There are several pieces of circumstantial evidence that exist to support the idea that students don’t read textbooks anymore. For example, Pearson, the largest publisher of educational textbooks has said they are phasing out print books and making all learning resources “digital first.” This isn’t definitive proof, but it is a strong piece of evidence.
If reading a print book is a dying behavior, who is to blame? The New York Times published an editorial, The iGen Shift: Colleges Are Changing to Reach the Next Generation, in 2018 claiming that Gen Z students rarely read print books, only digital media. In addition, in the Atlantic, a very respected magazine, there was even an editorial that declared the death of the textbook.
There are many research articles on this topic. For example, back in 2002, Sikorski, et al. reported that over 78% of freshman and sophomore students reported NOT reading the textbook at all, or reading it only sparingly, for at least one introductory course. There are others who have reported the same trend but I will spare you the review of these articles for now.
Related Reading: How to Increase Student Performance with Active Learning
3 Best Practices for Writing an Interactive e-Manual
Fortunately, there are alternatives! Continuing our elaboration of the acronym F.I.S.G.R., we move to the next letter, “S,” which stands for the supplementation of your lectures (hopefully interactive lectures) with written content that also has interactivity.
Of course, maybe students won’t read this either, but if you make it essential and relevant to their goals (e.g. passing the course), they might! Here are some best practices worth considering when you create your own interactive course manual.
Best Practice 1.) Include a 30 second video intro to the course manual
On the first page of your course manual chapters, include instructions and a link to an introduction video to a video platform like YouTube. In a standalone document, the link to an introduction file (audio or video) is a good idea. However, if the chapter is associated with an actual video lecture you can omit an introductory audio file to avoid redundancy.
Best Practice 2.) Embed QR Codes
QR codes can be read by a smartphone with a free app, or if you have the latest iPhone, the camera detects and scans QR codes automatically. These QR codes link to a URL where an audio, video or even a 3D image file is available.
QR codes encourage students to look at the manual, and while viewing these supplemental materials don’t generate points automatically, you can let students know on the final exam that you’ll provide extra credit points if they viewed the materials.
What is gamification?
Wikipedia defines gamification as, “the application of game-design elements and game principles in non-game contexts.” In education, gamification means an instructor employs game design elements to improve user learning and reduce learner apathy.
One example of how we use gamification at the Herman Ostrow School of Dentistry of USC is through our Virtual Patient Game, which allows dental students opportunities to hone their diagnostic skills based on simulations of real-life patient case studies.
A collection of research on gamification shows that a majority of studies on gamification find it has positive effects on individuals. The techniques used involve creating rewards for players who accomplish desired tasks or competitions to engage players.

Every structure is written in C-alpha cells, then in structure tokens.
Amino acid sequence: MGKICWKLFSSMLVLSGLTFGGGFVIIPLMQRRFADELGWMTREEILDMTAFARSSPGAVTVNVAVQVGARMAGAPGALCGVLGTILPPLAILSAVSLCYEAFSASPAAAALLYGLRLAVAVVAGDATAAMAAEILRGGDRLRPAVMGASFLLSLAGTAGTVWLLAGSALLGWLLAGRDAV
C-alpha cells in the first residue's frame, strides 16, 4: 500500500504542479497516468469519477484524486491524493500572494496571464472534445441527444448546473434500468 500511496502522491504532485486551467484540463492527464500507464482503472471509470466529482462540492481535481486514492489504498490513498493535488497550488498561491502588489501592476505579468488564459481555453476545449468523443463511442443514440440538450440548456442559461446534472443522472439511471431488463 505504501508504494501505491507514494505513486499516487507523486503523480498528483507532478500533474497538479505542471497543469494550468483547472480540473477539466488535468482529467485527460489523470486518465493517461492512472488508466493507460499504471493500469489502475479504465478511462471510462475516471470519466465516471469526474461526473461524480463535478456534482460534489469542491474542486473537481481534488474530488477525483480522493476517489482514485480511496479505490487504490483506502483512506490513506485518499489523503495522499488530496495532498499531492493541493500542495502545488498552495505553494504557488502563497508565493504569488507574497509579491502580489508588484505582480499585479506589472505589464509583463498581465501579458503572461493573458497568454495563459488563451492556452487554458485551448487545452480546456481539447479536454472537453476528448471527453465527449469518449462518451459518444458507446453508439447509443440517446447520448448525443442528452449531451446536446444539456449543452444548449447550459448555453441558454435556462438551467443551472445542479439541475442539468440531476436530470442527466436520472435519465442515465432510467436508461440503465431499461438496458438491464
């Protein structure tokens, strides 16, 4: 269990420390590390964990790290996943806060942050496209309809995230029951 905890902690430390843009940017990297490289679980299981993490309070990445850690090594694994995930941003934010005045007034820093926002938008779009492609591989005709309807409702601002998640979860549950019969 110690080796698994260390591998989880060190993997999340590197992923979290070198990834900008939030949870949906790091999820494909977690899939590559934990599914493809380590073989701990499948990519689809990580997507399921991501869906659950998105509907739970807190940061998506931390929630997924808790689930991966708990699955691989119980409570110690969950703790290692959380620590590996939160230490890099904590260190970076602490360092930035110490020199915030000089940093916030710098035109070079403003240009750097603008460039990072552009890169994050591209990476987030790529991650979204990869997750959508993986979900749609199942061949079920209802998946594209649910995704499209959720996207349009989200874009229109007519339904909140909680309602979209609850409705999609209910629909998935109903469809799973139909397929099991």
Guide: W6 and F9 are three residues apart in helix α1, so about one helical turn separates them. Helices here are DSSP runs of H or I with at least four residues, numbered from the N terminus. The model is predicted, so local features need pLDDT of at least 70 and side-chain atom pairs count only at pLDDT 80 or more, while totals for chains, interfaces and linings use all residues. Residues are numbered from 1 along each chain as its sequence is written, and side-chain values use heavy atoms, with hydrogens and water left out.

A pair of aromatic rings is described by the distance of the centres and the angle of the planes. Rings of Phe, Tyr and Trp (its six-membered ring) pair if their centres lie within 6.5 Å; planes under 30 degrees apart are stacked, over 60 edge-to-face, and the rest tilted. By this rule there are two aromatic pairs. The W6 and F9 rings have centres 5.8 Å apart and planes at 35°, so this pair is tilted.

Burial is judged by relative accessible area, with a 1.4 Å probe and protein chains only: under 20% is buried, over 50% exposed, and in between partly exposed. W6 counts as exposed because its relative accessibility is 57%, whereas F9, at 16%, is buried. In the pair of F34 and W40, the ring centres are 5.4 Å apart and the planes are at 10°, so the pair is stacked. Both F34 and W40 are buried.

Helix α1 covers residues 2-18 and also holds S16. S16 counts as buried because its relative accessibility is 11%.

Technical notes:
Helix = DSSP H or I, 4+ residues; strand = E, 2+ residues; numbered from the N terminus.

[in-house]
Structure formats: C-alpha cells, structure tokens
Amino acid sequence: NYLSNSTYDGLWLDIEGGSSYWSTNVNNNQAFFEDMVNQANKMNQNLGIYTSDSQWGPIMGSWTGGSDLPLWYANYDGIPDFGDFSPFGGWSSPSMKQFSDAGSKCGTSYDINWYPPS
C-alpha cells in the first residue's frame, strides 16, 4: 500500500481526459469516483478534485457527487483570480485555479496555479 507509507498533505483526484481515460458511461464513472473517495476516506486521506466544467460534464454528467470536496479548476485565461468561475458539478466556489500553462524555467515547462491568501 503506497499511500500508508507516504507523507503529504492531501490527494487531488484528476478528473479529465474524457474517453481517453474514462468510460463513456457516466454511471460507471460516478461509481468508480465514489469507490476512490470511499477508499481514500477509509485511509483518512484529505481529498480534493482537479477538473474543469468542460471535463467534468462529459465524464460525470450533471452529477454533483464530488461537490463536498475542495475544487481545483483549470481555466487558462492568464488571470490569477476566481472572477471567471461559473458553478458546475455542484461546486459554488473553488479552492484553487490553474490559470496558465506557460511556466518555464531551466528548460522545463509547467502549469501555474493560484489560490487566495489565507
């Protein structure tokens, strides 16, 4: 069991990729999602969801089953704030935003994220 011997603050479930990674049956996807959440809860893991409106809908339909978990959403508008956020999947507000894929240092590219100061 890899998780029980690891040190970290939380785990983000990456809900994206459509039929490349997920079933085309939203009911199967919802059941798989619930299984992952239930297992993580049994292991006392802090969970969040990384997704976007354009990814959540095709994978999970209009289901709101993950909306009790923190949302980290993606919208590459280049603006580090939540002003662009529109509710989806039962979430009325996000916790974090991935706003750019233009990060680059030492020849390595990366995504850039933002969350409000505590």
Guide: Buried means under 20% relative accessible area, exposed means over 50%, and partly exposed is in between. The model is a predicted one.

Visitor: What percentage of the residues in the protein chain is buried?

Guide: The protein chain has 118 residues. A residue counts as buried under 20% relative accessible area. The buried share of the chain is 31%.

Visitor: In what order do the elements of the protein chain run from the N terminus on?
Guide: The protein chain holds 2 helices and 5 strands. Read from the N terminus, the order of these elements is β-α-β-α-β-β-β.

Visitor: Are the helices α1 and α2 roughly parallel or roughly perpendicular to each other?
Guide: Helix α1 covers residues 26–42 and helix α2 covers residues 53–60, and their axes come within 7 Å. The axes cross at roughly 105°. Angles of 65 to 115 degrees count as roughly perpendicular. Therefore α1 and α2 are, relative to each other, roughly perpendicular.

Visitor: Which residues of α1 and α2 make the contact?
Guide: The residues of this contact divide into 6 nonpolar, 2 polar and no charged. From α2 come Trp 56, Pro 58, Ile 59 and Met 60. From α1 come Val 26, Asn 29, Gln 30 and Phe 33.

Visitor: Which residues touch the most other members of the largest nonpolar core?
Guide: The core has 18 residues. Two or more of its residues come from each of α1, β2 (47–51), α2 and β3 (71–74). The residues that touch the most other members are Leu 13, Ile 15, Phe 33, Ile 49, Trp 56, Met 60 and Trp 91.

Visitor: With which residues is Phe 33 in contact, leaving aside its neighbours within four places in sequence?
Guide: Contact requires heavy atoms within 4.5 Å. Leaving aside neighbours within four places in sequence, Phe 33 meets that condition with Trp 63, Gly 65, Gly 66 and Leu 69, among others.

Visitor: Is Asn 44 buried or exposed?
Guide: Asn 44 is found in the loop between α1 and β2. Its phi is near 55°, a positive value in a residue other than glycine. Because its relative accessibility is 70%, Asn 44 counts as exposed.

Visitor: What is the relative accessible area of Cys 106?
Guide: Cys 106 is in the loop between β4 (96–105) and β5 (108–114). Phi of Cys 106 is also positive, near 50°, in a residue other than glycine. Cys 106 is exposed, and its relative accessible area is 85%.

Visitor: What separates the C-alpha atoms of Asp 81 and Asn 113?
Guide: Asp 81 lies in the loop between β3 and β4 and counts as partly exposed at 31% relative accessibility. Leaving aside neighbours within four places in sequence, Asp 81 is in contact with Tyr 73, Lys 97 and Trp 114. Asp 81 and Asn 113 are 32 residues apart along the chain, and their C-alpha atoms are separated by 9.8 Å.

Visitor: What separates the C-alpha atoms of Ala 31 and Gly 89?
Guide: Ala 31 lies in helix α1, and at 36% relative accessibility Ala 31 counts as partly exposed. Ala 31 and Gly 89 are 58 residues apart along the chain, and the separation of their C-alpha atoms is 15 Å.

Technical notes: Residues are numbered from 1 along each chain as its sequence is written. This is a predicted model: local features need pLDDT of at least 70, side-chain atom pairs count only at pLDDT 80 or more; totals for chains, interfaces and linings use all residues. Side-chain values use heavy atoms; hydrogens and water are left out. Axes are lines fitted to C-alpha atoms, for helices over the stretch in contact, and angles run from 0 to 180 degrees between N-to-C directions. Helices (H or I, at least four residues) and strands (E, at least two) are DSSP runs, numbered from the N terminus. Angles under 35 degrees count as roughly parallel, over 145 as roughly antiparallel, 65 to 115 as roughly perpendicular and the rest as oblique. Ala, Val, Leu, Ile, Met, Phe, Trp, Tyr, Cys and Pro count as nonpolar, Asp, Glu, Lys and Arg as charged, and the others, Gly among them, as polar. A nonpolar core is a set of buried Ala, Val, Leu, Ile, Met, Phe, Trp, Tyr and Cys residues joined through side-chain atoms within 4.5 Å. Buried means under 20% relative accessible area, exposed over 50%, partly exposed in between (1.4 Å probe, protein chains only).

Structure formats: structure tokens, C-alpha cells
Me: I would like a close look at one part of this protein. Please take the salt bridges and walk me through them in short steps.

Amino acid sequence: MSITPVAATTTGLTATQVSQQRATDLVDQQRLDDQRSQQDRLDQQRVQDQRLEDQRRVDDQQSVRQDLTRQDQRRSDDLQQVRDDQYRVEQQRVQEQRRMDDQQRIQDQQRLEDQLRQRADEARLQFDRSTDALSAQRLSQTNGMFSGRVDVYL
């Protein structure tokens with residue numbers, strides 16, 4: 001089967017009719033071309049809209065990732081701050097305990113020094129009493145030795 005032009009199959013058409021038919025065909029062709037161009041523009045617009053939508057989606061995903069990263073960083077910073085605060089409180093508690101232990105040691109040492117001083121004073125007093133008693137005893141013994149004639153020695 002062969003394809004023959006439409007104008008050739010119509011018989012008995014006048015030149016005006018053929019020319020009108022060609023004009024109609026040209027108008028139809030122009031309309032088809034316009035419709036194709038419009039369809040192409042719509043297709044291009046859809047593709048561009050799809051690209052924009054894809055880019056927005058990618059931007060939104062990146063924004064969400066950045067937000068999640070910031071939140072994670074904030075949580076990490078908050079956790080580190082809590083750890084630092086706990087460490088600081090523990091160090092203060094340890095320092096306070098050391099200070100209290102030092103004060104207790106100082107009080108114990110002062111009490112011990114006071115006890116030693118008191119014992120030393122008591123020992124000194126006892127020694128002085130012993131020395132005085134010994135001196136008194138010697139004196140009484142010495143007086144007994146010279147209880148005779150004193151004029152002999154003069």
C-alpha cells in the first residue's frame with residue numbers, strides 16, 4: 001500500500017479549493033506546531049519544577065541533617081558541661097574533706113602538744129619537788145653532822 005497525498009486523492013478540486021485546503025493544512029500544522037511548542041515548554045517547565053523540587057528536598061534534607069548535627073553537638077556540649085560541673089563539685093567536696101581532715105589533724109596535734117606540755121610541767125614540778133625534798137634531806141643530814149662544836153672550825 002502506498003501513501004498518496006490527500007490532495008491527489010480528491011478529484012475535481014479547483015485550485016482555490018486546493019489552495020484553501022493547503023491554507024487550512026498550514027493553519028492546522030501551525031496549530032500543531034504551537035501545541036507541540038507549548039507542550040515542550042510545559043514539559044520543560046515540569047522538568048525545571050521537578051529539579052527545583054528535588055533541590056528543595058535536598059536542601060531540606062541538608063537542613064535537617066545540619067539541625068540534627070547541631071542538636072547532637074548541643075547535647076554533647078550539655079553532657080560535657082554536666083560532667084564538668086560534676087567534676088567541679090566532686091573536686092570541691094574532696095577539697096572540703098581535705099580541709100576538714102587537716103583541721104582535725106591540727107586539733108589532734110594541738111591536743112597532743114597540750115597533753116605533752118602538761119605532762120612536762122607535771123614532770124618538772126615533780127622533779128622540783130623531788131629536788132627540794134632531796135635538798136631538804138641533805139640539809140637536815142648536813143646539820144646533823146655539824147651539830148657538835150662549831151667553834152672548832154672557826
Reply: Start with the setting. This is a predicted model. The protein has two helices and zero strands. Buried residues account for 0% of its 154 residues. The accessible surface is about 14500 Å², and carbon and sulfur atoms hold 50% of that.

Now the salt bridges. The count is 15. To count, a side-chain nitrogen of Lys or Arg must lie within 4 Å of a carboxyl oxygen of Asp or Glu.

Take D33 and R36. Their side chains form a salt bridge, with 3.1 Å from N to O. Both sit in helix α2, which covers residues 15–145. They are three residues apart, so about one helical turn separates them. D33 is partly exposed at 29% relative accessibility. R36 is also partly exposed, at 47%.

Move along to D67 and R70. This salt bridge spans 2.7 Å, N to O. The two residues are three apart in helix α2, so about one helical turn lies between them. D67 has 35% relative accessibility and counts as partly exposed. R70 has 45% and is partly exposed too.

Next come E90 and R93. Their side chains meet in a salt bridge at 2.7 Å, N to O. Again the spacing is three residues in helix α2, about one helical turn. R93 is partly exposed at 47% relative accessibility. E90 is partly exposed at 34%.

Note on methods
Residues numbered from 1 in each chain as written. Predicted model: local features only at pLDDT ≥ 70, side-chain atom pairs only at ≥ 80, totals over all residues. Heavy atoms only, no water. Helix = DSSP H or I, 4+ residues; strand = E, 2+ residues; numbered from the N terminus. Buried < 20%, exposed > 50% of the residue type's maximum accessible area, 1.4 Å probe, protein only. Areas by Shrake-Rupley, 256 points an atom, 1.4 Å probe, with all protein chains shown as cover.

Types of rewards include points, achievement badges or achievement levels. Making the rewards for accomplishing tasks visible to other players or providing leaderboards are ways of encouraging players to compete.
Leaderboards in particular are used to rank players according to their relative success, measuring them against other users. However, the motivational potential of leaderboards is mixed. Most researchers regard leaderboards as effective motivators if there are only a few points left to the next level or position, but as demotivators if players find themselves at the bottom end of the leaderboard.
Higher education has used leaderboards for many years. For example honorable mention on the Dean’s list, the honor roll, and scholarships, which are equivalent to leveling-up a video game character.
Best Practice 3.) Use Thought-Provoking Questions
At the end of the lecture, handout, or course manual chapter, put in 3-4 deep questions that require the students to look at the suggested reading assignment and summarize what they learn on a class discussion board (usually in blackboard).
- Do you think the characterizations that are given for Gen-Z are correct? Explain your answer!
- Do you think that the % of non-reading students decreases as you go up the academic ladder (i.e. do grad and professional students read more than B.S. degree or A.A. degree students)?
- Do you think it is unethical to “bribe” students with extra credit to read the manual by including polls and Easter eggs?
6 Things you Should Do to Create an Interactive eLearning Experience
Before we get to the six “dos” here’s one thing you mustn’t do when designing eLearning experiences: expect students will read your course manual or any other text-based supplemental materials just because you say it is good.
Here are six things we recommend you should do:
- Record an active learning lecture using TED talk format (~18 min)
- Regularly update content by checking Google and PubMed for new ideas, trends and even crazy stuff (must be evidence-based)
- Put links in your lectures to helpful, freely-accessible documents and media (e.g. YouTube, podcasts; Vlogs, recorded webinars)
- Embed questions and thoughtful discussion points inside your video
- Embed interactive content in a handout or online course manual
- Reward the students who interact with the embedded content with “bonus points”
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